Auner Lab

Contact


Dr Holger Auner

  • Clinical Senior Lecturer and Honorary Consultant in Haematology
  • Head of Translational Research at the Centre
  • Group Leader - Cancer Cell Protein Metabolism

+44 (0)20 3313 4017
holger.auner04@imperial.ac.uk

Areas of research


Proteotoxic stress and metabolism

Myeloma cells are characterised by a unique sensitivity to inhibitors of the proteasome, which is responsible for the controlled degradation of most cellular proteins that have become damaged or are otherwise unwanted. Nevertheless, resistance to proteasome inhibitors occurs in essentially all patients to varying degrees. Accumulation of misfolded proteins in the endoplasmic reticulum (ER), which triggers proteotoxic ‘ER stress’, is widely believed to be the main mechanism of action of proteasome inhibitors. However, data from our lab and other research groups suggest complex interactions between proteasomal protein degradation and multiple metabolic processes. Our aim is to find metabolic and proteostatic vulnerabilities that we can exploit therapeutically.


Tissue biophysics in myeloma biology

Several important aspects of cancer cell biology are influenced by mechanical cues from the surrounding tissue. In particular, mechanical interactions and matrix remodelling have been shown to govern cancer cell metabolism. Tissue stiffness also impacts on normal haematopoiesis, and mechanical cues are known to modulate therapeutic responses. Moreover, we have shown that proteostasis-targeting drugs can alter tissue physical properties. We aim to understand how tissue stiffness and nutrient availability act together to rewire metabolic networks and regulate drug responses in myeloma.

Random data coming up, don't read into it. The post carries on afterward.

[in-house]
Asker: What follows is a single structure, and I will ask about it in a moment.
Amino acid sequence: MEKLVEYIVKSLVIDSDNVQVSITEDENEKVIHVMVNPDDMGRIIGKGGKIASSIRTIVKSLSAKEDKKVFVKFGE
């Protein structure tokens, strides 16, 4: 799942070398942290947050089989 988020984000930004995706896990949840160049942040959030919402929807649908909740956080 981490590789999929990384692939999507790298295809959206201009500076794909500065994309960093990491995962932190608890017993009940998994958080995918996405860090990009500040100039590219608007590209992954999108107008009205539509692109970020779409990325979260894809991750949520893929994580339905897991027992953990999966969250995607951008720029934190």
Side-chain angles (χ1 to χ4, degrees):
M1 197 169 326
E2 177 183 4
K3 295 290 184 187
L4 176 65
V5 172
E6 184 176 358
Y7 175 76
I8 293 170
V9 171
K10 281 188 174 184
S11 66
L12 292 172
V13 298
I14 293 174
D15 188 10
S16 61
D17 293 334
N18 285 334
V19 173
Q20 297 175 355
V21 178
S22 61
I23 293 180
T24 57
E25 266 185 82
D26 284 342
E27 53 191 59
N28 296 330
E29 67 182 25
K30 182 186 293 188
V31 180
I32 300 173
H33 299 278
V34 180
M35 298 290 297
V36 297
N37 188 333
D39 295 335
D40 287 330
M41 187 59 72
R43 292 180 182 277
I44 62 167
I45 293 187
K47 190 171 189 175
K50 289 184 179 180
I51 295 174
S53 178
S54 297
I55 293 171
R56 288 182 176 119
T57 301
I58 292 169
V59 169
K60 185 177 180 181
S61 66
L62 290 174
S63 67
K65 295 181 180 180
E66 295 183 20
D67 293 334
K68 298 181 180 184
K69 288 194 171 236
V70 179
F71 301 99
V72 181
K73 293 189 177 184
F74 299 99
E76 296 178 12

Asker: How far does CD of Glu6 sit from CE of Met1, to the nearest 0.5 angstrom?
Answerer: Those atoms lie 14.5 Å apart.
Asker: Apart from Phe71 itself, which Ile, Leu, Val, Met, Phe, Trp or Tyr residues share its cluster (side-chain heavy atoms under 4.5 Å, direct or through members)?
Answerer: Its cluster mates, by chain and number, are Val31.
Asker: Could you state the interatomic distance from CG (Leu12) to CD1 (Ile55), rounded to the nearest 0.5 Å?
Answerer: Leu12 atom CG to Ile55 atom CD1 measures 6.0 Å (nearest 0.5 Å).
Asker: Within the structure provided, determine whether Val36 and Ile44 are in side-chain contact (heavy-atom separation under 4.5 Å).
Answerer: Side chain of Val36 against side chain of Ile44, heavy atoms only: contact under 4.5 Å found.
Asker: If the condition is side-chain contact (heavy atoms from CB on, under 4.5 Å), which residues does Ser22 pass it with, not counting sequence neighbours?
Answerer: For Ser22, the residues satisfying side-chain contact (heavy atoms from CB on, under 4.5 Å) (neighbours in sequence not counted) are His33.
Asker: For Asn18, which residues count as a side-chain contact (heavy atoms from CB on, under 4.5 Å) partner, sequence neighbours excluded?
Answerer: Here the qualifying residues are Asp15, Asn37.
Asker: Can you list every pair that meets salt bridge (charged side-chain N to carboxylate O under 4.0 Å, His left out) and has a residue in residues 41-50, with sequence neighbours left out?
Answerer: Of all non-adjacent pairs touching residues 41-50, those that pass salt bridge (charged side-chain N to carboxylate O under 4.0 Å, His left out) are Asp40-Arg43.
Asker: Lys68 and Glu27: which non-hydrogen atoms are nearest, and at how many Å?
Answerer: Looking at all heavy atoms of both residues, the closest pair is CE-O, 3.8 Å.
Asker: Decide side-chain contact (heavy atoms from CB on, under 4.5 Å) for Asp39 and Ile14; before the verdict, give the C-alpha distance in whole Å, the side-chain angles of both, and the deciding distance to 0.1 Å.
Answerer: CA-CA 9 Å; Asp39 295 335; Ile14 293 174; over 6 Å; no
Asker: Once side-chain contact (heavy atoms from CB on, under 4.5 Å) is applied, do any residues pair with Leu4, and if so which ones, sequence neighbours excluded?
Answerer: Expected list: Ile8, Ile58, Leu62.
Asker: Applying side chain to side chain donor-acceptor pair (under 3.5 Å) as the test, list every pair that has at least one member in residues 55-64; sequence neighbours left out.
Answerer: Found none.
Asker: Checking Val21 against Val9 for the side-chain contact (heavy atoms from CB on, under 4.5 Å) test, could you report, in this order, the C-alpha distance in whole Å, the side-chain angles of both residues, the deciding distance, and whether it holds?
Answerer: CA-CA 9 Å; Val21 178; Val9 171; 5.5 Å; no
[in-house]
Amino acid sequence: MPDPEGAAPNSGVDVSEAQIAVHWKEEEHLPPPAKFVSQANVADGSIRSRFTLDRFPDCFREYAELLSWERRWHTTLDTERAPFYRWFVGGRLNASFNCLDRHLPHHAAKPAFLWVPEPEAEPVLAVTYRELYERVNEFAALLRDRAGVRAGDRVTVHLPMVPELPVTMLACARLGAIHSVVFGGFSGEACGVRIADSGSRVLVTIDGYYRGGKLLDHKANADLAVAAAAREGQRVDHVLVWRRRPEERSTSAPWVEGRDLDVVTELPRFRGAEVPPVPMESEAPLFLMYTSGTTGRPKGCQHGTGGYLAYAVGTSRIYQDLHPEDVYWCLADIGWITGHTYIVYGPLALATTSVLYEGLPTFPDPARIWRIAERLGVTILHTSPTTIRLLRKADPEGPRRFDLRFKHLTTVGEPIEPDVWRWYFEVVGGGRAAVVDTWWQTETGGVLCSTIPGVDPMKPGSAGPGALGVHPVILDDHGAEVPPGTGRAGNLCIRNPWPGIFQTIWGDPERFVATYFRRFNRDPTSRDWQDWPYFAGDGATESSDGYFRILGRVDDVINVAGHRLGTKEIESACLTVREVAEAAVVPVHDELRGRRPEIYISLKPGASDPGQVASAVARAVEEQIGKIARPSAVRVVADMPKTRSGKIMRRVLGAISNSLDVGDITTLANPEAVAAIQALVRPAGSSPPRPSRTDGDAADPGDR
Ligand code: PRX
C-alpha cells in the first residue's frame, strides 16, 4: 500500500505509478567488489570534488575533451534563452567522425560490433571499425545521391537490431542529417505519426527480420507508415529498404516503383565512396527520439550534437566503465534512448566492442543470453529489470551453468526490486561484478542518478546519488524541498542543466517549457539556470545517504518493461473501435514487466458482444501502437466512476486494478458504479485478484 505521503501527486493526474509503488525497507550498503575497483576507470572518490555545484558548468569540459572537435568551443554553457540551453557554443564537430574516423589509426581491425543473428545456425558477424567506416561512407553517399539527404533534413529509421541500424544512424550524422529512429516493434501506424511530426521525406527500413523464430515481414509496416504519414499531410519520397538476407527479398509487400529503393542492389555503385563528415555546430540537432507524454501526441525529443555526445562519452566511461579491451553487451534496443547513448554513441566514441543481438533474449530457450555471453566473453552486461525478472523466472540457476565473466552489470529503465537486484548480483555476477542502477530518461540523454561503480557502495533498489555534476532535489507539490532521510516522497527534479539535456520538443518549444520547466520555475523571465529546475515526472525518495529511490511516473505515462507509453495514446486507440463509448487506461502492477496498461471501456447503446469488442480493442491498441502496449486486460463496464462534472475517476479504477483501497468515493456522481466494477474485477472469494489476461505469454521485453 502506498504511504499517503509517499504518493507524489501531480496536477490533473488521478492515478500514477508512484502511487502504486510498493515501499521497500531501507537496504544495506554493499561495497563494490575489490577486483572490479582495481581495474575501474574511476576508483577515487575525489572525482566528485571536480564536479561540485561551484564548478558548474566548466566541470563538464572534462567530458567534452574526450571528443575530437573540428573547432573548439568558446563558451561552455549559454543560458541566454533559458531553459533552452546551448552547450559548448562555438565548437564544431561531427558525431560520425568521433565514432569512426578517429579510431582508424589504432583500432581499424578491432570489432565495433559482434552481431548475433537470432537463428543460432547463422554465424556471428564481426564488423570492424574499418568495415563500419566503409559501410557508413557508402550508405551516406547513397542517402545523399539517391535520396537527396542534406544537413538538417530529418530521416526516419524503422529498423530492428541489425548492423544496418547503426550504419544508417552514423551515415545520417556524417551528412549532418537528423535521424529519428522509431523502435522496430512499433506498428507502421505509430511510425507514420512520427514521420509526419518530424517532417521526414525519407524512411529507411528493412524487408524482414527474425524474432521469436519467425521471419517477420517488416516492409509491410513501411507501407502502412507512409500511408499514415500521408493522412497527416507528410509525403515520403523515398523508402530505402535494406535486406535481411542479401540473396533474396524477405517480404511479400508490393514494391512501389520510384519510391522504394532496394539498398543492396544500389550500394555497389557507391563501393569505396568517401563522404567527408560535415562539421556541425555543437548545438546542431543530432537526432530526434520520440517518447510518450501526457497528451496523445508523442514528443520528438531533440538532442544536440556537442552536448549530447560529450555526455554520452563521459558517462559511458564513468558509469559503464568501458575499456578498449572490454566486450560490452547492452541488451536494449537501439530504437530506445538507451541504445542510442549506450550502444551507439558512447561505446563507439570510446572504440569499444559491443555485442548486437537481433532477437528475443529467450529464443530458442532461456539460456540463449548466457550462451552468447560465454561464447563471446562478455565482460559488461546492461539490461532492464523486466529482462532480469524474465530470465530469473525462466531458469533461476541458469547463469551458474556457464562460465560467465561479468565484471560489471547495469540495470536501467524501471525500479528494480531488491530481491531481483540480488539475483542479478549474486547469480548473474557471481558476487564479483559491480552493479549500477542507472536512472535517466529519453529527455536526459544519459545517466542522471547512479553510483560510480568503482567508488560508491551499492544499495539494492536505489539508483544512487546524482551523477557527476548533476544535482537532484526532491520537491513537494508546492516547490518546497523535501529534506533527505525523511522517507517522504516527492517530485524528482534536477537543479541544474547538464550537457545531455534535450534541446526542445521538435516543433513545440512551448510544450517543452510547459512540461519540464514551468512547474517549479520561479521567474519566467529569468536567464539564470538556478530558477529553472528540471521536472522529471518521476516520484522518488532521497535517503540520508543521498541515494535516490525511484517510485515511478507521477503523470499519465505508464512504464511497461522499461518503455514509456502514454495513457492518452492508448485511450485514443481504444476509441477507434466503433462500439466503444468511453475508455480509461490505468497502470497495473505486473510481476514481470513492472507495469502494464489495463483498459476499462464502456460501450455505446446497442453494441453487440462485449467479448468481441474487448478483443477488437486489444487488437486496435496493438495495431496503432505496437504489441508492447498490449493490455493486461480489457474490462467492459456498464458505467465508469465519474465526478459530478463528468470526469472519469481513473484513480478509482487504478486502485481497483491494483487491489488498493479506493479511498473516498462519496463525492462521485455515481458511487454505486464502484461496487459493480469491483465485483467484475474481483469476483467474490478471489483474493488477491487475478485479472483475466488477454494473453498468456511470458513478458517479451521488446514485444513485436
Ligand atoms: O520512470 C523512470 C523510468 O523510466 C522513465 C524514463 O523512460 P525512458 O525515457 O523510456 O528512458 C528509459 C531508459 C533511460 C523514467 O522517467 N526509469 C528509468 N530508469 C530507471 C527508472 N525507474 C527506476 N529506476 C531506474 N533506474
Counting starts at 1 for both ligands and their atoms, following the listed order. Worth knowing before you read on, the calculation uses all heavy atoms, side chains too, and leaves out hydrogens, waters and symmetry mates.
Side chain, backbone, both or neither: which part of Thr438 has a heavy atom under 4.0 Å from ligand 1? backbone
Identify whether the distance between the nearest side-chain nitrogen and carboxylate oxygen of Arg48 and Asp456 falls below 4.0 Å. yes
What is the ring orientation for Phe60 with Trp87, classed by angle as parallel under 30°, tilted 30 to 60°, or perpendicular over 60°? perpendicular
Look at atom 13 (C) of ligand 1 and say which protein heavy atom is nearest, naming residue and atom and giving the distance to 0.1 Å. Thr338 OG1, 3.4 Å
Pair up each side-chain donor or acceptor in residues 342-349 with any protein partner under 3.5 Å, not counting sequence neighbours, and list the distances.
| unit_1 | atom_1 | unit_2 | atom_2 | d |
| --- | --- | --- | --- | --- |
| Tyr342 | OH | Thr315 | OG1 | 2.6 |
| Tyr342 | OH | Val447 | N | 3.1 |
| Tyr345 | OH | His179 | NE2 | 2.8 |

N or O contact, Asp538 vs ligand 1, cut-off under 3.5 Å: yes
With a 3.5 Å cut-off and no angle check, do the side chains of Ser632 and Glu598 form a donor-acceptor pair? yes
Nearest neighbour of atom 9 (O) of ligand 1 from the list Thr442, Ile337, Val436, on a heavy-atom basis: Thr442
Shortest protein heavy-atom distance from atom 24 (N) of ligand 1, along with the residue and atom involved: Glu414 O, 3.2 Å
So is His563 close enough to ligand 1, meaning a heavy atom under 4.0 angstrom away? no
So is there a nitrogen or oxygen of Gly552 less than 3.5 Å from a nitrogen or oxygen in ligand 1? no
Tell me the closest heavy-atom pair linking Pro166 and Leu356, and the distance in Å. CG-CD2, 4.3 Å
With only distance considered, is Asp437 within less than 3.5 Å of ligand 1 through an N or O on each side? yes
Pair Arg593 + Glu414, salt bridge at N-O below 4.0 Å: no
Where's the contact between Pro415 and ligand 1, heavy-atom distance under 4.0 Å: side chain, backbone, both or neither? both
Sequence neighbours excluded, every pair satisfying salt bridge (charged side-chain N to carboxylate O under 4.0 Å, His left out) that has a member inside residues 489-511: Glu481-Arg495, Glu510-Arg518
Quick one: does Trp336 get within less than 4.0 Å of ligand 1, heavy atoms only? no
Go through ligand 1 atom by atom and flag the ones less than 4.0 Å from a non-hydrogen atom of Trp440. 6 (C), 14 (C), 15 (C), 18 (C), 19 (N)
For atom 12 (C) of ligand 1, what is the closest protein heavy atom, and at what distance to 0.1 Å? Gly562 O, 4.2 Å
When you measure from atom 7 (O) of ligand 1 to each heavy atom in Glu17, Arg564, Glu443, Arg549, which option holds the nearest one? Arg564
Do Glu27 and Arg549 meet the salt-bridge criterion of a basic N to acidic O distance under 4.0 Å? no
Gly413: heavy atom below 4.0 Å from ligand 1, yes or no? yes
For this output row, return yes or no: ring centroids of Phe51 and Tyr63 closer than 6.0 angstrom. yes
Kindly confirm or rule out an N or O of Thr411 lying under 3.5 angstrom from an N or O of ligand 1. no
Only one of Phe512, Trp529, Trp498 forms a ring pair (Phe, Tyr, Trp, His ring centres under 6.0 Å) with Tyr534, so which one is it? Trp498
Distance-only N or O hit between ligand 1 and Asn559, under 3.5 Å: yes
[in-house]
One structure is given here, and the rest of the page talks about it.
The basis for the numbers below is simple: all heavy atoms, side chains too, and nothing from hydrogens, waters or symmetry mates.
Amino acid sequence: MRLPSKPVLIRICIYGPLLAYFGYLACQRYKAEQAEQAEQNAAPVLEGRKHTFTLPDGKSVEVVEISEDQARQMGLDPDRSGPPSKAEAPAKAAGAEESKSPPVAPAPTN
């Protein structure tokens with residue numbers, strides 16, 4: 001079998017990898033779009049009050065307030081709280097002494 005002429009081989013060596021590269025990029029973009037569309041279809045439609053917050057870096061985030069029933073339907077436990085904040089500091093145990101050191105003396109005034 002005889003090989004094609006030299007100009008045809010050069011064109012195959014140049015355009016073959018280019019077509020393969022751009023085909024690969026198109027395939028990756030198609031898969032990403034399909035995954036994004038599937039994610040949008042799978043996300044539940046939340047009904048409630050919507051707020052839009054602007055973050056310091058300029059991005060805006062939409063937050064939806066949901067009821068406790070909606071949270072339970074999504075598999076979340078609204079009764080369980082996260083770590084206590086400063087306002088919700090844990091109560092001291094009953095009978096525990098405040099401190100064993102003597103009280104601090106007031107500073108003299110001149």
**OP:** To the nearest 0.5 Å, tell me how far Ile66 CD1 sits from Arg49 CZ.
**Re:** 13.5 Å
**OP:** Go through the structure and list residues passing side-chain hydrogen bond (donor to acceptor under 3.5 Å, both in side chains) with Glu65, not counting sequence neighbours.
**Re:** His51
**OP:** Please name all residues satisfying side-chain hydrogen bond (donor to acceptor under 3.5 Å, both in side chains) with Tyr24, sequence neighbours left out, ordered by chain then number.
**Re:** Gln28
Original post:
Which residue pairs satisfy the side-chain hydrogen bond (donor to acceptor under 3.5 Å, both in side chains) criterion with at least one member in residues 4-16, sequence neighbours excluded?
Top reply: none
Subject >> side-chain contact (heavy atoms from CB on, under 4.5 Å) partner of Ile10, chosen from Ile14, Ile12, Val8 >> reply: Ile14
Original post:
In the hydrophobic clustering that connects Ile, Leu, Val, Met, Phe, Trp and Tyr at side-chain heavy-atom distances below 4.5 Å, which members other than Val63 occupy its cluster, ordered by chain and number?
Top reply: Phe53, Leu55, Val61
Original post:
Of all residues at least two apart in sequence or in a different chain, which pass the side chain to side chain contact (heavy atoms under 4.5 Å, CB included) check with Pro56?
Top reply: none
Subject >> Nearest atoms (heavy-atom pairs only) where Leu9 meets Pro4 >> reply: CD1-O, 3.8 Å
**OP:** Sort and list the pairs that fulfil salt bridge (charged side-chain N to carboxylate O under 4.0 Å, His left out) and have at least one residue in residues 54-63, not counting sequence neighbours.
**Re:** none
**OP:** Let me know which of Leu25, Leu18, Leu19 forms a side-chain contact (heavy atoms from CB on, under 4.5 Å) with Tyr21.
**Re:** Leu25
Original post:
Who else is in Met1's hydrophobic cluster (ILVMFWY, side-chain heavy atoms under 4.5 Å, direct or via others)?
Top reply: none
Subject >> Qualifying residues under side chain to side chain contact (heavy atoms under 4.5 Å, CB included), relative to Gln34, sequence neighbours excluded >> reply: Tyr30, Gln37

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  • Conference paper
    Delimpasi S, Pour L, Auner HW, Dimopoulos MA, Rappaport A, Fortin L, Shah JJ, Shacham S, Kauffman MGet al., 2018,

    A phase 3 randomized, controlled, open-label study of selinexor, bortezomib, and dexamethasone (SVd) versus bortezomib and dexamethasone (Vd) in patients with relapsed or refractory multiple myeloma (RRMM).

    , Publisher: AMER SOC CLINICAL ONCOLOGY, ISSN: 0732-183X
  • Journal article
    Larocca A, Dold SM, Zweegman S, Terpos E, Waesch R, D'Agostino M, Scheubeck S, Goldschmidt H, Gay F, Cavo M, Ludwig H, Straka C, Bringhen S, Auner HW, Caers J, Gramatzki M, Offidani M, Dimopoulos MA, Einsele H, Boccadoro M, Sonneveld P, Engelhardt Met al., 2018,

    Patient-centered practice in elderly myeloma patients: an overview and consensus from the European Myeloma Network (EMN)

    , Leukemia, Vol: 32, Pages: 1697-1712, ISSN: 1476-5551

    Multiple myeloma is a disease typical of the elderly, and, because of the increase in life expectancy of the general population, its incidence is expected to grow in the future. Elderly patients represent a particular challenge due to their marked heterogeneity. Many new and highly effective drugs have been introduced in the last few years, and results from clinical trials are promising. Besides the availability of novel agents, a careful evaluation of elderly patients showed to be a key factor for the success of therapy. A geriatric assessment is a valid strategy to better stratify patients. In particular, different scores are available today to appropriately assess elderly patients and define their fitness/frailty status. The choice of treatment – transplantation, triplets, doublets, or reduced-dose therapies including novel agents – should depend on the patient’s fitness status (fit, intermediate-fit or frail). Second-generation novel agents have also been evaluated as salvage therapy in the elderly, and these new agents certainly represent a further step forward in the treatment armamentarium for elderly patients with multiple myeloma.

  • Journal article
    Gay F, Engelhardt M, Terpos E, Wäsch R, Giaccone L, Auner HW, Caers J, Gramatzki M, van de Donk N, Oliva S, Zamagni E, Garderet L, Straka C, Hajek R, Ludwig H, Einsele H, Dimopoulos M, Boccadoro M, Kröger N, Cavo M, Goldschmidt H, Bruno B, Sonneveld Pet al., 2017,

    From transplant to novel cellular therapies in multiple myeloma: EMN guidelines and future perspectives.

    , Haematologica, Vol: 103, Pages: 197-211, ISSN: 0390-6078